India’s police force is infamous for its brutality and deep-rooted corruption. This year, this issue gained some traction all over the world, but clearly, Bollywood did not get the memo. Class of ’83 is yet another abysmal tale of vigilante justice carried out by the very people who swear to uphold the law and protect the citizens of the nation.
Loosely inspired from Hussain Zaidi’s book, ‘The Class of ’83: The Punishers of Mumbai Police, the film is about top cop, Vijay Singh (Bobby Deol) who is ousted from the Mumbai police force and is sent to Nashik to become the Dean of the Police Academy as a ‘punishment posting’.
Aslam Khan (Sameer Parajanjape), Vishnu Varde (Hitesh Bhojraj), Pramod Shukla (Bhupendra Jadawat), Lakshman Jadhav (Ninad Mahajani) and Janardhan Surve (Prithvik Pratap), the five students at the bottom of the Class of ’83, Singh’s first batch, catch his attention.
He resolves to destroy the corrupt politicians and gangsters in Mumbai by training these five students to become an elite squad of lethal hitmen inside the police force, who would kill anyone they deemed worthy, without involving any senior officers.
Bobby Deol tries to make a comeback as a leading man in this age of streaming services and fails, miserably. Unfortunately, this is a forgetful role. Deol’s take on Vijay Singh is unimpressive.
Singh is yet another hard-as-nails, stoic cop, who doesn’t go-by-the-book. This iteration of the bad cop is depressed and suicidal with a backstory that seems to be inspired by the character of Martin Riggs from Lethal Weapon (1987). The role offered Deol ample chances to prove himself but they were all squandered.
Debutantes Sameer Parajanjape, Hitesh Bhojraj, Bhupendra Jadawat, Ninad Mahajani and Prithvik Pratap are mediocre and their performances are, at times, virtually indistinguishable from each other.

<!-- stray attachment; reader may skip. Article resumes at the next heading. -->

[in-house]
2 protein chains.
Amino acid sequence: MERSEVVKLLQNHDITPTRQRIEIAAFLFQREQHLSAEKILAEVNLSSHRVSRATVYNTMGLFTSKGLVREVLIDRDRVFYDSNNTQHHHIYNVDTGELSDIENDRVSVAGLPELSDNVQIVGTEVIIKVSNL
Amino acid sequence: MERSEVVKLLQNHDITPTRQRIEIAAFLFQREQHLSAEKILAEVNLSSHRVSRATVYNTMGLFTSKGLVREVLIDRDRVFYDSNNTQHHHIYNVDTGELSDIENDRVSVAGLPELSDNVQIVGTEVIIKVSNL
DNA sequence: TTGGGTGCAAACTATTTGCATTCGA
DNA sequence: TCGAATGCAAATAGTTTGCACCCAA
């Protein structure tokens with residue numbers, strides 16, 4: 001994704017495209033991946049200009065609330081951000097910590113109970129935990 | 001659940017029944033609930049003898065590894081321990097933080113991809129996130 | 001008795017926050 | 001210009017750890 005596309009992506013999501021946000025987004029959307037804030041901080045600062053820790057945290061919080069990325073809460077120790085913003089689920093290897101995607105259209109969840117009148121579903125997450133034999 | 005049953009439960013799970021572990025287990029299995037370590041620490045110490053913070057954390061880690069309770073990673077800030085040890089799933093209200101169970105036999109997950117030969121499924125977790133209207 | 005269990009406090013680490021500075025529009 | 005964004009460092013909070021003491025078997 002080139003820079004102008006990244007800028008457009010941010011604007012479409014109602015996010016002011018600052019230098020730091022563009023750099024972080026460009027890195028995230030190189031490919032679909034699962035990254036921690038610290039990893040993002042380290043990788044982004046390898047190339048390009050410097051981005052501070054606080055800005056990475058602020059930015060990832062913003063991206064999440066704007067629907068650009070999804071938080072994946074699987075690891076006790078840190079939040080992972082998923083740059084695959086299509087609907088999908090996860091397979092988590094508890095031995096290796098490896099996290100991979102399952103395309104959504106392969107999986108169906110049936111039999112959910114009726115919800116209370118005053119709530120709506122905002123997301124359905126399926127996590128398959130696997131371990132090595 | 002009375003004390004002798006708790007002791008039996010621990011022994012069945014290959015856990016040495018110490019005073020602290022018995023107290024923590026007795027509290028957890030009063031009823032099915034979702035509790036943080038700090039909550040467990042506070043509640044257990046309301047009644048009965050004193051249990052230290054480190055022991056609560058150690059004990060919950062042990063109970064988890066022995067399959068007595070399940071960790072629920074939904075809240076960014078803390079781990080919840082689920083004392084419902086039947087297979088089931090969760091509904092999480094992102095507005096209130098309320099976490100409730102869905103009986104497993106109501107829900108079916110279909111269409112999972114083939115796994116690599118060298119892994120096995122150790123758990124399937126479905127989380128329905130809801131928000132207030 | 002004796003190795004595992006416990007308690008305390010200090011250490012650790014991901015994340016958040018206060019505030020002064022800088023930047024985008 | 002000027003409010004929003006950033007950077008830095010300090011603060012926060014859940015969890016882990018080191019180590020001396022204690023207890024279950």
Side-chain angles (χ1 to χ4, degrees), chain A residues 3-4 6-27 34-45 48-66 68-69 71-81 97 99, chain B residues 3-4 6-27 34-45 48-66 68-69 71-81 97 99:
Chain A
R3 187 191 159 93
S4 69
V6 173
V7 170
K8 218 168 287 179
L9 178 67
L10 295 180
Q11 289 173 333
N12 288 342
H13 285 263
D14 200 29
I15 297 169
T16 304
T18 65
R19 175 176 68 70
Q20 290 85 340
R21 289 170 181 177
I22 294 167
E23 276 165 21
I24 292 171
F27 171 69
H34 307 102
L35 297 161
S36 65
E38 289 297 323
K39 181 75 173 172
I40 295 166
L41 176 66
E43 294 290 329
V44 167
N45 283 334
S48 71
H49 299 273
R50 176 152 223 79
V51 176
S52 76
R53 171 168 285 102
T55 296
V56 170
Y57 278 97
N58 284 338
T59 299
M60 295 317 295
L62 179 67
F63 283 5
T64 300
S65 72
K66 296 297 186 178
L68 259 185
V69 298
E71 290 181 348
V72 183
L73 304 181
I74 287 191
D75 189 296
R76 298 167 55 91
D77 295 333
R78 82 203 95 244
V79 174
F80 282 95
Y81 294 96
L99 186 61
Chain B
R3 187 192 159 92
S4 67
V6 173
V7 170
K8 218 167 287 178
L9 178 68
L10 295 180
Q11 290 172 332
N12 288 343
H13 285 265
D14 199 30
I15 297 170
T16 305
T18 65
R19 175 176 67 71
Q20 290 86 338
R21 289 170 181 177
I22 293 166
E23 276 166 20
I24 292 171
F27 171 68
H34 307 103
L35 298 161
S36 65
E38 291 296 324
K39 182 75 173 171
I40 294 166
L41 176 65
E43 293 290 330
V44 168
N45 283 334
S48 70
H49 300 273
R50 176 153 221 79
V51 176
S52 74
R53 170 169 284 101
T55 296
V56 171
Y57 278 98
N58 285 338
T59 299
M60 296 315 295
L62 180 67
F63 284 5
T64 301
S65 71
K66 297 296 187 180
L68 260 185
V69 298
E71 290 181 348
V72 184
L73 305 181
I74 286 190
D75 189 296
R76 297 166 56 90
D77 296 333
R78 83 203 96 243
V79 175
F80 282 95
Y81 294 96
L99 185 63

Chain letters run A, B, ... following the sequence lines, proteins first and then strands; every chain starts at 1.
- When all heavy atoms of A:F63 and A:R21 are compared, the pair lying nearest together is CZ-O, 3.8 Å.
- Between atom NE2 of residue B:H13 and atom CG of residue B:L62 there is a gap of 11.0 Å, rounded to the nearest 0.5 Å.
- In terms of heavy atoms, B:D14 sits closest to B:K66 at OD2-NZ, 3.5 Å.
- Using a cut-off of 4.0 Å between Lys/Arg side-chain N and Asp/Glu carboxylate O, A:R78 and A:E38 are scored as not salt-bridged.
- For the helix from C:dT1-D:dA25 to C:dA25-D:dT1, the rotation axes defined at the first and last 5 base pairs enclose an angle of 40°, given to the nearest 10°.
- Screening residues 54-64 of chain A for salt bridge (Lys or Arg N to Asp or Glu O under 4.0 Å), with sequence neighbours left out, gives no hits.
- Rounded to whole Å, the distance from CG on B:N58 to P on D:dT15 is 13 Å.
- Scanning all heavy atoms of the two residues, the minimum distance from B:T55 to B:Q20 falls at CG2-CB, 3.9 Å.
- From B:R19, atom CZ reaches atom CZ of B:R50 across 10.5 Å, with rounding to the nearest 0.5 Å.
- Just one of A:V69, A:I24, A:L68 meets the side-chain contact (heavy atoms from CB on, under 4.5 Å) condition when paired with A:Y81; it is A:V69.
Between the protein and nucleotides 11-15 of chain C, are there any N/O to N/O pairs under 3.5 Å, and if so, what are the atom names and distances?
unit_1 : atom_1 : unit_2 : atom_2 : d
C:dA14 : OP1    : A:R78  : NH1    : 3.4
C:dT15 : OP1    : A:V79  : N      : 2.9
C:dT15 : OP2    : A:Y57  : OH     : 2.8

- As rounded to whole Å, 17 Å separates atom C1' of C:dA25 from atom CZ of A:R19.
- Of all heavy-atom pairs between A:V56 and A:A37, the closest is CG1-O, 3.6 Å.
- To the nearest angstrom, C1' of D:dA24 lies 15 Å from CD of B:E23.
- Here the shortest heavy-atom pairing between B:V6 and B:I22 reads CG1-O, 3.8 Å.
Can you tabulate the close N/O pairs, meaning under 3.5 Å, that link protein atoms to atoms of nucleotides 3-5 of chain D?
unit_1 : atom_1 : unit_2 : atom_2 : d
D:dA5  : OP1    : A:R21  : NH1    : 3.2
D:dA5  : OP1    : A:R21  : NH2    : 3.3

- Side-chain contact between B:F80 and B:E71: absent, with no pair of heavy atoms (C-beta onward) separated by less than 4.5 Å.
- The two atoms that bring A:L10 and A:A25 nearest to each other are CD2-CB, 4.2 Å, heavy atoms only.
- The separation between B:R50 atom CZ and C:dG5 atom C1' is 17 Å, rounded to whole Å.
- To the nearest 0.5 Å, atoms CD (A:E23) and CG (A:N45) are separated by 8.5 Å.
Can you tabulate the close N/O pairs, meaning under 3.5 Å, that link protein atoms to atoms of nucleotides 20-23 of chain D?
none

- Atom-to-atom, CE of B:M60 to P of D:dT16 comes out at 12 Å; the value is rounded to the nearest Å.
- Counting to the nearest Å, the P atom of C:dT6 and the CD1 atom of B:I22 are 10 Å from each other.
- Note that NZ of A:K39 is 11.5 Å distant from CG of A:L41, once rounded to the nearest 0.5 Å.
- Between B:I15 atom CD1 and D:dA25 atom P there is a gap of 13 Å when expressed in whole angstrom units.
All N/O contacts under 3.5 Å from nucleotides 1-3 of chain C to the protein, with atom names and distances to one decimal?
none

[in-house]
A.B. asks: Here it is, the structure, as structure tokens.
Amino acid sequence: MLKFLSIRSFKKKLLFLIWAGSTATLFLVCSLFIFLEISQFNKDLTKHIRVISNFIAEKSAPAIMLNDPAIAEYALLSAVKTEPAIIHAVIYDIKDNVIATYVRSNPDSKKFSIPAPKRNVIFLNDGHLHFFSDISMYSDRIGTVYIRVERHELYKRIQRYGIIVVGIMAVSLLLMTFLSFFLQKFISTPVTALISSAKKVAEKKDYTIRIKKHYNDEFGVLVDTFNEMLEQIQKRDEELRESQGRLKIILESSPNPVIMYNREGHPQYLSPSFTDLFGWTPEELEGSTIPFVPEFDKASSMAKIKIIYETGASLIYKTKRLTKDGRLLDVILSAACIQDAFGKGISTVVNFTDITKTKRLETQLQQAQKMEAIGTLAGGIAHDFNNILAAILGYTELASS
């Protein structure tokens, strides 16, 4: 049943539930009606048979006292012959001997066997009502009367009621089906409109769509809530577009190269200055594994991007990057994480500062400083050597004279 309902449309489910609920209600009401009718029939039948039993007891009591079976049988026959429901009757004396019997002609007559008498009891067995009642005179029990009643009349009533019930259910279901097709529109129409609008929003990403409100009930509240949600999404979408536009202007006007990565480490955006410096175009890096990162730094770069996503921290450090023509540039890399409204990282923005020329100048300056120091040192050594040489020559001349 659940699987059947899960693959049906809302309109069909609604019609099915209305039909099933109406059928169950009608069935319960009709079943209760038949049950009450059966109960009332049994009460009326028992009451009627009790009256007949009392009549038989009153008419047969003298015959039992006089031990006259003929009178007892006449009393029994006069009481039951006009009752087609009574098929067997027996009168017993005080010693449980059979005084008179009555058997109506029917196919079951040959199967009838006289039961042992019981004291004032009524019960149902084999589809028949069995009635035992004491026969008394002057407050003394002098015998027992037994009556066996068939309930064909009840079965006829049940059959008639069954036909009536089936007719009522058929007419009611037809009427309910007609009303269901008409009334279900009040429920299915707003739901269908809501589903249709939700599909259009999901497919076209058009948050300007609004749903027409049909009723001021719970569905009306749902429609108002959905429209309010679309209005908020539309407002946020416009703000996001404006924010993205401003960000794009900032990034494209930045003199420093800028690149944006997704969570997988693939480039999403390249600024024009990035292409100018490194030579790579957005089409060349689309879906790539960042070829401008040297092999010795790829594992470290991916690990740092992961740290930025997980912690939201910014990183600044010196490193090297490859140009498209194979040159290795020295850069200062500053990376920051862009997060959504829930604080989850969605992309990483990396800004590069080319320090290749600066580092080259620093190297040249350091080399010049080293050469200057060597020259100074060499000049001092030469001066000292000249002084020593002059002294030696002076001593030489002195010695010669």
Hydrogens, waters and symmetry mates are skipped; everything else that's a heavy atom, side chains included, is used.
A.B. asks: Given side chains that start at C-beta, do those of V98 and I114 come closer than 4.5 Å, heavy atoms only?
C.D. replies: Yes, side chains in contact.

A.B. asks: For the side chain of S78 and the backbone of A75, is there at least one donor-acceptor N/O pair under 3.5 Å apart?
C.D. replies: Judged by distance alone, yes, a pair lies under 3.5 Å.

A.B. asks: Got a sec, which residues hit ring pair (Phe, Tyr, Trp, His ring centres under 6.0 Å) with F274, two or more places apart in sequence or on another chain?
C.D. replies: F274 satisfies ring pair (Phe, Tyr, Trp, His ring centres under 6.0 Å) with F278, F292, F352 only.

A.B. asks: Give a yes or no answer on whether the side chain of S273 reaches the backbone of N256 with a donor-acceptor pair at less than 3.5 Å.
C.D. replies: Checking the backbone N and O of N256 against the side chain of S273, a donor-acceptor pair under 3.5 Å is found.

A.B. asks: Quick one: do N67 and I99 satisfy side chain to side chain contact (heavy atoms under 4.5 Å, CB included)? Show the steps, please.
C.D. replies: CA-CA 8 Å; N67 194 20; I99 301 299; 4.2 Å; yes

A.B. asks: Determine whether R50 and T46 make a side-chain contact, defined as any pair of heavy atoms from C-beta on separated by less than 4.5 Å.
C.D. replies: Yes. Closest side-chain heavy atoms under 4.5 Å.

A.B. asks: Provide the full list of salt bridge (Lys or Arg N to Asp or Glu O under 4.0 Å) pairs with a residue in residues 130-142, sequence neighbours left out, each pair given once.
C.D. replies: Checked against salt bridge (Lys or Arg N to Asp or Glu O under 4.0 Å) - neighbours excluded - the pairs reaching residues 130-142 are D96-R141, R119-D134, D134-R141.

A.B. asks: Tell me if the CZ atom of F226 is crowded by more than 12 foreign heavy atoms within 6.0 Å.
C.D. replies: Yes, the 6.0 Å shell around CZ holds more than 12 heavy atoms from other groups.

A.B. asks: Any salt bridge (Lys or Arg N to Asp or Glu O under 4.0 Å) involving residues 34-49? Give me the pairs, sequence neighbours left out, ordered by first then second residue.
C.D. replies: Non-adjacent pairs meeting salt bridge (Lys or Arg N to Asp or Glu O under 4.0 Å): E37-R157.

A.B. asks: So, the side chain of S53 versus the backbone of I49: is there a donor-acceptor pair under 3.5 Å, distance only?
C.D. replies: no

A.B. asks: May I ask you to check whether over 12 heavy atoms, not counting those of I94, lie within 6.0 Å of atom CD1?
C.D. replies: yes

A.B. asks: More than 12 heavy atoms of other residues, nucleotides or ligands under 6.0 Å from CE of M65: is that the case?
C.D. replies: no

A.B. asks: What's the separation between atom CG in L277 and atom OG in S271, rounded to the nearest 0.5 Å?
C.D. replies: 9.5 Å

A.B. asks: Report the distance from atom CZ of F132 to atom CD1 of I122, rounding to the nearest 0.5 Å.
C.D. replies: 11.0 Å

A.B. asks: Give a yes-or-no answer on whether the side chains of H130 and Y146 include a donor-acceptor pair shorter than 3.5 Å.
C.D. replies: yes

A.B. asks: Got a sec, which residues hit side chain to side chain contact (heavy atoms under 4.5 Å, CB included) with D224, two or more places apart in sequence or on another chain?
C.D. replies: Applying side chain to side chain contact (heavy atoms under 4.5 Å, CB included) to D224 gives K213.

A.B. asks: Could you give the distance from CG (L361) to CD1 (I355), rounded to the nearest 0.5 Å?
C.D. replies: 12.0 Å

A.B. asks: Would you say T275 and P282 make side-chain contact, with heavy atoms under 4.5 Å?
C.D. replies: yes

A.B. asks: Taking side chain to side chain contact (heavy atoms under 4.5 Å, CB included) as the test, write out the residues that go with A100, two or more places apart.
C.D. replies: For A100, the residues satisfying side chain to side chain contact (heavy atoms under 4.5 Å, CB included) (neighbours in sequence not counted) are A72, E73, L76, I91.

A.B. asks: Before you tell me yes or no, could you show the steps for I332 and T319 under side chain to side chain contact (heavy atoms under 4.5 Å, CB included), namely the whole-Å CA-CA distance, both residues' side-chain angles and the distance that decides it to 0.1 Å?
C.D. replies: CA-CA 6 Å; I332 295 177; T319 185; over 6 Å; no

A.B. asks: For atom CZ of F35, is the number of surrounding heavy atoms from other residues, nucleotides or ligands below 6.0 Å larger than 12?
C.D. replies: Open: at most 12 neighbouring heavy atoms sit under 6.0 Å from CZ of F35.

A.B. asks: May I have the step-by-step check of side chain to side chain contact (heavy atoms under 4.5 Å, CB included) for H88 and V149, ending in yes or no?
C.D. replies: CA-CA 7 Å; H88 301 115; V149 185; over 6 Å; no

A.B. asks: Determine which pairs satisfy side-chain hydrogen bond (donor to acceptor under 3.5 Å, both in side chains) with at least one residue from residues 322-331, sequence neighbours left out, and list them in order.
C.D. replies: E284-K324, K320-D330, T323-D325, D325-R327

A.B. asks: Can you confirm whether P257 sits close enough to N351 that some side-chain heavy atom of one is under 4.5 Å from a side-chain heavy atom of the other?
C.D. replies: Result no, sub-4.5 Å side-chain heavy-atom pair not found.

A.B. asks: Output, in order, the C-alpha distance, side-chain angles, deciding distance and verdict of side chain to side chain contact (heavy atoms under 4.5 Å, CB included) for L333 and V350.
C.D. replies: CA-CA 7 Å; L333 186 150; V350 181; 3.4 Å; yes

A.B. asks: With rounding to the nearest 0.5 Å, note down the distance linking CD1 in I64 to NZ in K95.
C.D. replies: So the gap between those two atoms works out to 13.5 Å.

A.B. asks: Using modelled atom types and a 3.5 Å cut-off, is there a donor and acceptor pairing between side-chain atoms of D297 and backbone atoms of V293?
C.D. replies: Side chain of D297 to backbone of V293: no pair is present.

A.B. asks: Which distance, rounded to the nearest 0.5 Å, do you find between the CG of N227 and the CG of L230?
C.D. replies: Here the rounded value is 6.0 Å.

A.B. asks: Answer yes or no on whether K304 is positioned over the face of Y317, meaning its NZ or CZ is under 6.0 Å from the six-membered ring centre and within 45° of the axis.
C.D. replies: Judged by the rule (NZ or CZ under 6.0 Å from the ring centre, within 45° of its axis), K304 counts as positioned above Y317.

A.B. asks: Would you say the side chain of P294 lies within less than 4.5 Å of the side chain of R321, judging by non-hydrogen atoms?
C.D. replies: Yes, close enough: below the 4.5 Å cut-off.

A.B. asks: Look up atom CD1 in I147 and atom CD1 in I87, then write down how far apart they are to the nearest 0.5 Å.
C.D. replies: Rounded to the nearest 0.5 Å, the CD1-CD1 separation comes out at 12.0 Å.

Anup Soni as Manohar Patkar, a corrupt politician, is unexpectedly, also average.
The cinematography by Mario Poljac is intriguing. The film has a grainy, gritty look, instead of the digital look. The colour-grading by Siddhartha Gandhi also makes the film seem as though it were shot in the 80s. A few scenes even contain real footage from the time period. This is a creative directorial choice by Atul Sabharwal that might be appealing to some people.
Films usually focus on story or characters, great films have both. Class of ’83 had neither.
Kicking off with the story and screenplay, screenplay writer, Abhijeet Shirish Deshpande, somehow manages to make the most conventional choice in every single scene, character and story arc.
Director and dialogue writer, Atul Sabharwal, who had made the atrocious, ‘Aurangzeb’ (2013), added fuel to the fire with his clunky, expository dialogue and boring narration. At one point, Deol says “Mera blood group B positive hai” as a reference to him being an optimist.
Sabharwal starts the film with a Plato quote and references interesting philosophies throughout the film, but these are just empty promises of a better film that we never get to see.
To further exacerbate the situation, the film’s stance and dialogues are problematic, to say the least. The film’s motto is the often-repeated line, “Kabhi kabhi Order bane rakhne ke liye Law ki bali chadhani padti hai”. Instead of presenting the story and its flawed characters as they are, Class of ’83, like the barrage of Bollywood films in the past few decades, glamorizes and glorifies rule-breaking ‘bad cops’.
The film has several unnecessarily graphic scenes which seems to just be added because it is an OTT release.
Viju Shah, music composer of films like Don (1978) and Gupt (1997), returns after 14 years. Unfortunately, the score was the last nail in the coffin. It is generic at its best, and a tonal mismatch at its worst.
Sabharwal makes a huge mistake when he directly refers to a similar Clint Eastwood’s classic, ‘Dirty Harry’ (1971), as it reminds the audiences of the far better films they could spend their time watching.
In a nutshell, this film is only tolerable if you are a diehard Bobby Deol fan.
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